Alternative Medicine and the Health Professions
Publication Year: 1995
The popularity and practice of alternative medicine continues to expand at astonishing rates. In Healing Traditions, Bonnie Blair O'Connor considers the conflicts that arise between the values and assumptions of Western, scientific medicine and those of unconventional health systems. Providing in-depth examples of the importance and benefits of alternative health practices—including the extraordinarily extensive and sophisticated HIV/AIDS alternative therapies movement—O'Connor identifies ways to integrate alternative strategies with orthodox medical treatments in order to ensure the best possible care for patients.
In spite of the long-standing prediction that, as science and medicine progressed—and education became more generally available—unconventional systems would die out, they have persisted with undiminished vitality. They have, in fact, experienced a reinvigoration and expansion during the last fifteen to twenty years. In the United States, this renewal is fueled by people representing a wide cross-section of American society, and most of them also use conventional medicine. This eclecticism can result in conflicts between the values and assumptions of Western, scientific medicine and those of unconventional health systems.
O'Connor demonstrates the importance of understanding how various belief systems interact and how this interaction affects health care. She argues that through neutral observation and thorough description of health belief systems it is possible to gain an understanding of those systems, to identify likely points of conflict among systems—especially conflicts that may occur in conventional care settings—and to intervene in ways that ensure the best possible care for patients.
Published by: University of Pennsylvania Press
List of Illustrations
Suppose a book appears, as this one does, under the name of a single author. This curious selective recognition of one person who happened to put together a number of ideas and write them down in a certain way obscures the efforts and contributions of many others. It conjures images of the lone scholar diligently producing "a work." But,...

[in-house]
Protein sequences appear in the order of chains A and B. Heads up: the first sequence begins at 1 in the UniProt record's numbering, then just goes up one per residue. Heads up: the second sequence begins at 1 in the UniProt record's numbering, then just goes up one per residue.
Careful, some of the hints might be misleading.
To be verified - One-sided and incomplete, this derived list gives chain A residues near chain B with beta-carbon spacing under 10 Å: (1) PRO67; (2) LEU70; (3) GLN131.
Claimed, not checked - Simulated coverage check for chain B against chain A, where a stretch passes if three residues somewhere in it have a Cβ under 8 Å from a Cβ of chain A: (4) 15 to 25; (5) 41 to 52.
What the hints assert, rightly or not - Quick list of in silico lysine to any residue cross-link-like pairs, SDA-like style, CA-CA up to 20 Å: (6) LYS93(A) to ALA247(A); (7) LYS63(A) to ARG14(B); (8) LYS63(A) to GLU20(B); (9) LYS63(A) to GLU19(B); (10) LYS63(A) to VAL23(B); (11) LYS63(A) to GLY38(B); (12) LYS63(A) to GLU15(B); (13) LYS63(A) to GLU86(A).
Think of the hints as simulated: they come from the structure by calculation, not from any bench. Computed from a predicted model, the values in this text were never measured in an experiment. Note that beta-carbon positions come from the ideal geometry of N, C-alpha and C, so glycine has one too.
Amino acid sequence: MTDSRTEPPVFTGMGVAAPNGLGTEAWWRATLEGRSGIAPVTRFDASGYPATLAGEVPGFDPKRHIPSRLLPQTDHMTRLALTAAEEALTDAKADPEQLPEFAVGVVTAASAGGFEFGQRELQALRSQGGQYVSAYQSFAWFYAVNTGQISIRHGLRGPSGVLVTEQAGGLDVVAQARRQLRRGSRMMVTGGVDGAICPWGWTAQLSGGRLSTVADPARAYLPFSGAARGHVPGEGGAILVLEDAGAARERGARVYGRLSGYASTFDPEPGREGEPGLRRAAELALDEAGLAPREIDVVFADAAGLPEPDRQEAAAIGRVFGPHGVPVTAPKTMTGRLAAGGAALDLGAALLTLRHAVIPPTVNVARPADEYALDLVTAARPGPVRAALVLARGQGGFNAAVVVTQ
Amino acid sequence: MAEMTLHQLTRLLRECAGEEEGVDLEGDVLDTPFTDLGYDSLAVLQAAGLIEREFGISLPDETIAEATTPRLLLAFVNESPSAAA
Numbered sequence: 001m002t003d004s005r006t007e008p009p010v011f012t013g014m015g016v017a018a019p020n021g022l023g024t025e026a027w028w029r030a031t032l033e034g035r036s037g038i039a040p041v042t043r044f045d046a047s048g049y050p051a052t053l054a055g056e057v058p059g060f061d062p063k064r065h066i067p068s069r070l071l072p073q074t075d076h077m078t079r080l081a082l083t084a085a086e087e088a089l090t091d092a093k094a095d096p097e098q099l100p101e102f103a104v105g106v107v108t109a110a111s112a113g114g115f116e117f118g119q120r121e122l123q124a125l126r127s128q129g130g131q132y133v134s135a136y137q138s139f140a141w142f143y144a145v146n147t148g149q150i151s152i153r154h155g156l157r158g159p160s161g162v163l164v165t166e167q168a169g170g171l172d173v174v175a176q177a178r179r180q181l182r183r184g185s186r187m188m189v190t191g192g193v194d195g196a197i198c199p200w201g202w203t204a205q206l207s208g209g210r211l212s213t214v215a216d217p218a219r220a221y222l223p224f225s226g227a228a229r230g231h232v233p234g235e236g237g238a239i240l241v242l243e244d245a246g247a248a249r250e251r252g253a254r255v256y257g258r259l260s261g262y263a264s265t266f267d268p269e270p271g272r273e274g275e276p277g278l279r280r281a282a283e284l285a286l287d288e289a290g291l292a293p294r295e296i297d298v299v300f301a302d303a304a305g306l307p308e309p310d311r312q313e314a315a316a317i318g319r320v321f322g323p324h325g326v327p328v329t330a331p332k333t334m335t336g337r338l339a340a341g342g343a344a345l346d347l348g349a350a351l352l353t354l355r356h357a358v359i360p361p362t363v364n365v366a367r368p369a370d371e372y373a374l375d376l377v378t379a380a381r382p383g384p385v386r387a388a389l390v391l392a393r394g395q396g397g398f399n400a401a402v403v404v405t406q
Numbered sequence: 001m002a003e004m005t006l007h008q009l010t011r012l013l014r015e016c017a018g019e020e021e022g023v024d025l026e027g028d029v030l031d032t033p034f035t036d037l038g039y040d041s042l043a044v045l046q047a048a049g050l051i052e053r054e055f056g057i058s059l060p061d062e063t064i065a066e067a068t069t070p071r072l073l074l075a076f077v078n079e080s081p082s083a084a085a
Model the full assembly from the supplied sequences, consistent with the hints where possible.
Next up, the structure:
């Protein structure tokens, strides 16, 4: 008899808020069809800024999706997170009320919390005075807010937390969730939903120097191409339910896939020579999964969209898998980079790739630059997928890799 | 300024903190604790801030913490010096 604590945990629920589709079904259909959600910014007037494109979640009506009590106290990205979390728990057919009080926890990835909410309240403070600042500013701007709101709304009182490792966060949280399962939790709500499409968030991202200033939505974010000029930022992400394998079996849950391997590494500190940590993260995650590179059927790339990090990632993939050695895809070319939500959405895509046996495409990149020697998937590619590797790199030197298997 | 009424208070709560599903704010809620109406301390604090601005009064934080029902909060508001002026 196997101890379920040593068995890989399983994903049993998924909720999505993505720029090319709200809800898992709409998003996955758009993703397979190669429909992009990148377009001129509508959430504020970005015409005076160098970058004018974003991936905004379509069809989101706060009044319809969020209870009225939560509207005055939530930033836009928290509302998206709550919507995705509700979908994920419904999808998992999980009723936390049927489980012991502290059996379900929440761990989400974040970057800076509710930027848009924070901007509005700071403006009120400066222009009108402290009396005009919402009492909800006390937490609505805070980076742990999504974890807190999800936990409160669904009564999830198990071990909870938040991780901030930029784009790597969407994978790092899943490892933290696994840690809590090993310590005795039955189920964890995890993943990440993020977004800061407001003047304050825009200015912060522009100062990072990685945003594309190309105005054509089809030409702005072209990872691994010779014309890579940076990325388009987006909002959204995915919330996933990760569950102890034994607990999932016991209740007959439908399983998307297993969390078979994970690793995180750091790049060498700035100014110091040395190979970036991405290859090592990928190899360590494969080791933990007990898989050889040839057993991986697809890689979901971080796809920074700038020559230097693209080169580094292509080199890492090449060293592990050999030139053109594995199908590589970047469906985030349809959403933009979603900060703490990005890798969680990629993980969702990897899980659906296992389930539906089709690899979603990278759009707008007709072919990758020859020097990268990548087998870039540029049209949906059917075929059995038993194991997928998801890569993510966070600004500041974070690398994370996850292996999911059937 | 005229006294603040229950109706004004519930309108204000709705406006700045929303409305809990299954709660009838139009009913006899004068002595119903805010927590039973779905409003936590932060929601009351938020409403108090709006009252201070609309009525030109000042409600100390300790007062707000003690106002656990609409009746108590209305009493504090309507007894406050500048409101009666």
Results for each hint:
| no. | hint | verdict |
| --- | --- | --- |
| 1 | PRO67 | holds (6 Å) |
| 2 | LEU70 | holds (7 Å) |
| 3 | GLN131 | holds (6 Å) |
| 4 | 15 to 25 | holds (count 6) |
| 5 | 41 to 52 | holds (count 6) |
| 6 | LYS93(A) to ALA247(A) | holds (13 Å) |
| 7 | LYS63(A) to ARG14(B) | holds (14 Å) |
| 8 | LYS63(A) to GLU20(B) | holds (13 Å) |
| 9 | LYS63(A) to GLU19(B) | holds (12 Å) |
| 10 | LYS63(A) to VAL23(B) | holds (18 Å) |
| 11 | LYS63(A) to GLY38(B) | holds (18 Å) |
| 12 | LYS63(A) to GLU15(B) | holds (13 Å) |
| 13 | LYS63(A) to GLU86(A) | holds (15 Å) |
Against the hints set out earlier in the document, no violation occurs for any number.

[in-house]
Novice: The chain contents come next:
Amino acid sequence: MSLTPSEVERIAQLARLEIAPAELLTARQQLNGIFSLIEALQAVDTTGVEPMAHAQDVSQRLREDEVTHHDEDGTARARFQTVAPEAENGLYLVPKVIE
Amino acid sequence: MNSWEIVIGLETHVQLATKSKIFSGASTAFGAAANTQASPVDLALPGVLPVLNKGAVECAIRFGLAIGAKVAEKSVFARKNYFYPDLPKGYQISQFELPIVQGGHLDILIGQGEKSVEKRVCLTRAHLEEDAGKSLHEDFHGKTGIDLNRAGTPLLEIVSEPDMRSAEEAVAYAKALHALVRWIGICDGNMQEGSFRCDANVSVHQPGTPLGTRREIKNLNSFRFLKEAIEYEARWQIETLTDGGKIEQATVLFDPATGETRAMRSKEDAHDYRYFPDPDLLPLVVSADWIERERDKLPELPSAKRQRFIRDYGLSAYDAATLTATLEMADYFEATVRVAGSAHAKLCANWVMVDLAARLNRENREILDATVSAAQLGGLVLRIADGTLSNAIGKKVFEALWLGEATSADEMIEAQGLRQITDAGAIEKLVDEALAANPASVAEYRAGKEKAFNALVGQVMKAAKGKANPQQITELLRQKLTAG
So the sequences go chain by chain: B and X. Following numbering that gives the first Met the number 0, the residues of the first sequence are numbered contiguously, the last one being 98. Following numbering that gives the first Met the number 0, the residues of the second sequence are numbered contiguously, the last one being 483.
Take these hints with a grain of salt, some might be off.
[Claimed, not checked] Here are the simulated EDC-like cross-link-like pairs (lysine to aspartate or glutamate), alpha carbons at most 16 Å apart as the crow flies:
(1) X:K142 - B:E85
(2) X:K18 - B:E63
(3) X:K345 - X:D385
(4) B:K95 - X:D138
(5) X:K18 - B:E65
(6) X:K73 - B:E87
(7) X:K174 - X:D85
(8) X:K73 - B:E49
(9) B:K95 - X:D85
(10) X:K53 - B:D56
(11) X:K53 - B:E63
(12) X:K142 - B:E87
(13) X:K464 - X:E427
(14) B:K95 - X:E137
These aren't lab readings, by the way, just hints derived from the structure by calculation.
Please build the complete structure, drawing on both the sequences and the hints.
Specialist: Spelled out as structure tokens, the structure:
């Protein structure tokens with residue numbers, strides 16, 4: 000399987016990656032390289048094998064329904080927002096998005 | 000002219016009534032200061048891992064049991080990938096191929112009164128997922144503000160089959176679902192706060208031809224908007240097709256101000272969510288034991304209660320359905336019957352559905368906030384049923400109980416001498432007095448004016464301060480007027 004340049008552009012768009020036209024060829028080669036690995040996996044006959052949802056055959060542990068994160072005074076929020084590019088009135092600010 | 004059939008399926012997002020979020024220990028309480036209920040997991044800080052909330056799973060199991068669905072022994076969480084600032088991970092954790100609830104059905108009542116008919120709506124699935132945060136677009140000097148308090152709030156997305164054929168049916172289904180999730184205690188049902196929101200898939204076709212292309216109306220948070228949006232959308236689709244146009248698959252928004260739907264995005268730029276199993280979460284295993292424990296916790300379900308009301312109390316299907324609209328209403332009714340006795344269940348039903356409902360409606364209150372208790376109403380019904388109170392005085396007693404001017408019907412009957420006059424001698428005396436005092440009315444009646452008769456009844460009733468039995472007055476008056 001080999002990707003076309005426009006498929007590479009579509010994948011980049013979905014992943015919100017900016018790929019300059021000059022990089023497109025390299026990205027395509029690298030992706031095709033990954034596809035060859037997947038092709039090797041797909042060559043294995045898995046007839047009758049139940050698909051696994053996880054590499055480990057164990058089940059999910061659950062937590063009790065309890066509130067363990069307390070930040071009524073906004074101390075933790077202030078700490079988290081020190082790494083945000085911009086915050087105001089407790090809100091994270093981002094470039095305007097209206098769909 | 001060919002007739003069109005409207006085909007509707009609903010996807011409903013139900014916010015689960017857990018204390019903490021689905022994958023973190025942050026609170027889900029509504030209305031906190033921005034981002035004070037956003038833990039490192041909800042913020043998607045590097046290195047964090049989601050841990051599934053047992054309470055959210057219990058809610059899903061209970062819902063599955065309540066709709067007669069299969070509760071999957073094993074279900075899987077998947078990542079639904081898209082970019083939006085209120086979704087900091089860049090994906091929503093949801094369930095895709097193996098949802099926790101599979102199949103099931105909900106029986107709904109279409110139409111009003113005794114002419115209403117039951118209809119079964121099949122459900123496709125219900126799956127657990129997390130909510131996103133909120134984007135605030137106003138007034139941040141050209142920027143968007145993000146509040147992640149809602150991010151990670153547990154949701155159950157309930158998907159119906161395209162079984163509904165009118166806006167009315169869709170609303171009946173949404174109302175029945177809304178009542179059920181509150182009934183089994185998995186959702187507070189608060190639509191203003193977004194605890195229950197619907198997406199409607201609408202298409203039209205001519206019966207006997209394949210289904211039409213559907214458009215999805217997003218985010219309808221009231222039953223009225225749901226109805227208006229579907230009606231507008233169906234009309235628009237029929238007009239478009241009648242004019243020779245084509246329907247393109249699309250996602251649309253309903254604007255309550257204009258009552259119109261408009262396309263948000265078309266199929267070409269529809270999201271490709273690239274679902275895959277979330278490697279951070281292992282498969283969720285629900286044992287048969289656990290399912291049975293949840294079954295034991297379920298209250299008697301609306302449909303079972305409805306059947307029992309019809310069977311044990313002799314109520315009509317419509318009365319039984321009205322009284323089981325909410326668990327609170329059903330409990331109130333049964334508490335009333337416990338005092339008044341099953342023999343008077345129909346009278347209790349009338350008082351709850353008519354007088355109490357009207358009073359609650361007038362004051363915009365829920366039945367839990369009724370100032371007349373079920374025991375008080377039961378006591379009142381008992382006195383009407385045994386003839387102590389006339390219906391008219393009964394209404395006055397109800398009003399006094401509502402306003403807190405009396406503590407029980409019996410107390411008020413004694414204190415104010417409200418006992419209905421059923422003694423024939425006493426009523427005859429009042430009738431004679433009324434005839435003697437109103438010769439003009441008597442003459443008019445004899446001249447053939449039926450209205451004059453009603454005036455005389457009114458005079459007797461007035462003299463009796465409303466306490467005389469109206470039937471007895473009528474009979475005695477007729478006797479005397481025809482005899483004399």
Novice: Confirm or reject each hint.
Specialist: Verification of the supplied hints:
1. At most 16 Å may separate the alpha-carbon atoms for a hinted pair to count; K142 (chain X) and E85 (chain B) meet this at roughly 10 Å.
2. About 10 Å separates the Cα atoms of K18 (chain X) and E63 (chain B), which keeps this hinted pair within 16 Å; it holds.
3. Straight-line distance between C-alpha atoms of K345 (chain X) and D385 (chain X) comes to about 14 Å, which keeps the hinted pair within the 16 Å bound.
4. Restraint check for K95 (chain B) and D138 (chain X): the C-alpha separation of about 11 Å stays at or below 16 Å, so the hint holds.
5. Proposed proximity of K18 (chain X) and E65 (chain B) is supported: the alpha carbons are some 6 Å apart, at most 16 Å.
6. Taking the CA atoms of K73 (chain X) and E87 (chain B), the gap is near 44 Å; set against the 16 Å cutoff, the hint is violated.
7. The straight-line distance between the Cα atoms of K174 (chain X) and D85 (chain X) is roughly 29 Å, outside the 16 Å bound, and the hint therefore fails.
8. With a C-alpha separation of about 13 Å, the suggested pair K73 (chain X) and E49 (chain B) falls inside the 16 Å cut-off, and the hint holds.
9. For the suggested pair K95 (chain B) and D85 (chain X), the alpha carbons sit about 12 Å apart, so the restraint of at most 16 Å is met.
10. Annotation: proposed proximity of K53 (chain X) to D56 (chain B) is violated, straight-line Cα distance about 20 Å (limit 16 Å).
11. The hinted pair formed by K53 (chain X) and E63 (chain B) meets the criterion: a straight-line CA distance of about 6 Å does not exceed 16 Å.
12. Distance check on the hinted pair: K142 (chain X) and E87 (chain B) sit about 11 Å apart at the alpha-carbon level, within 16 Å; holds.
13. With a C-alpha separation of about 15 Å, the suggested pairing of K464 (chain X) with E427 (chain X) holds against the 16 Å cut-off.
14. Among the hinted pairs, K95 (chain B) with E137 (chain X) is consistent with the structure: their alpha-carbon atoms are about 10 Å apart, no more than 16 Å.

In addition to conventional Western medicine, there are a great number and variety of systems of health belief and practice active in the United States today. Far from dying out in the face of advances in scientific medicine, many nonbiomedical health belief systems are growing in popularity. Included among these are both long-standing...
1. Denning and Understanding Health Belief Systems
Throughout this century and even before, there has been a general assumption—even a conviction—in the health professions and in academia that folk and popular systems of health beliefs and practices would inevitably decline in modern and industrialized societies, falling away before the forces of modernization and progress to be replaced...
2. Critical Approaches to Literature and Theories
To arrive at any sort of comprehensive understanding of vernacular health belief systems it is necessary to be able to connect them with a theoretical understanding of belief in general, as well as with an understanding of culture and the cultural frameworks with which all belief systems are interconnected. Belief and behavior are strongly culturally...
3. Hmong Cultural Values, Biomedicine, and Chronic Liver Disease
In the past decade, scholars of many disciplines concerned with healthcare in complex societies have paid increasing attention to the importance of matters of culture and worldview in health care delivery. The education and training of health professionals in the United States, however, does not yet incorporate much of this information or ...
4. Vernacular Health Care Responses to HIV and AIDS
Sicknesses that do not respond well to conventional medical care, or for which few conventional treatment options exist, frequently motivate people to develop purposive self-care routines and to explore a range of forms of potential treatment. Serious illnesses with poor prognoses may especially quickly lead people to expand their health...
5. Implications for the Health Professions
The immediate message of the foregoing chapters is that nonbiomedical health belief systems are alive and well; that they are in very common use by all kinds of people; and that health professionals should ask patients about them and expect to find them among their patients' healing resources. The larger message this phenomenon evokes is that...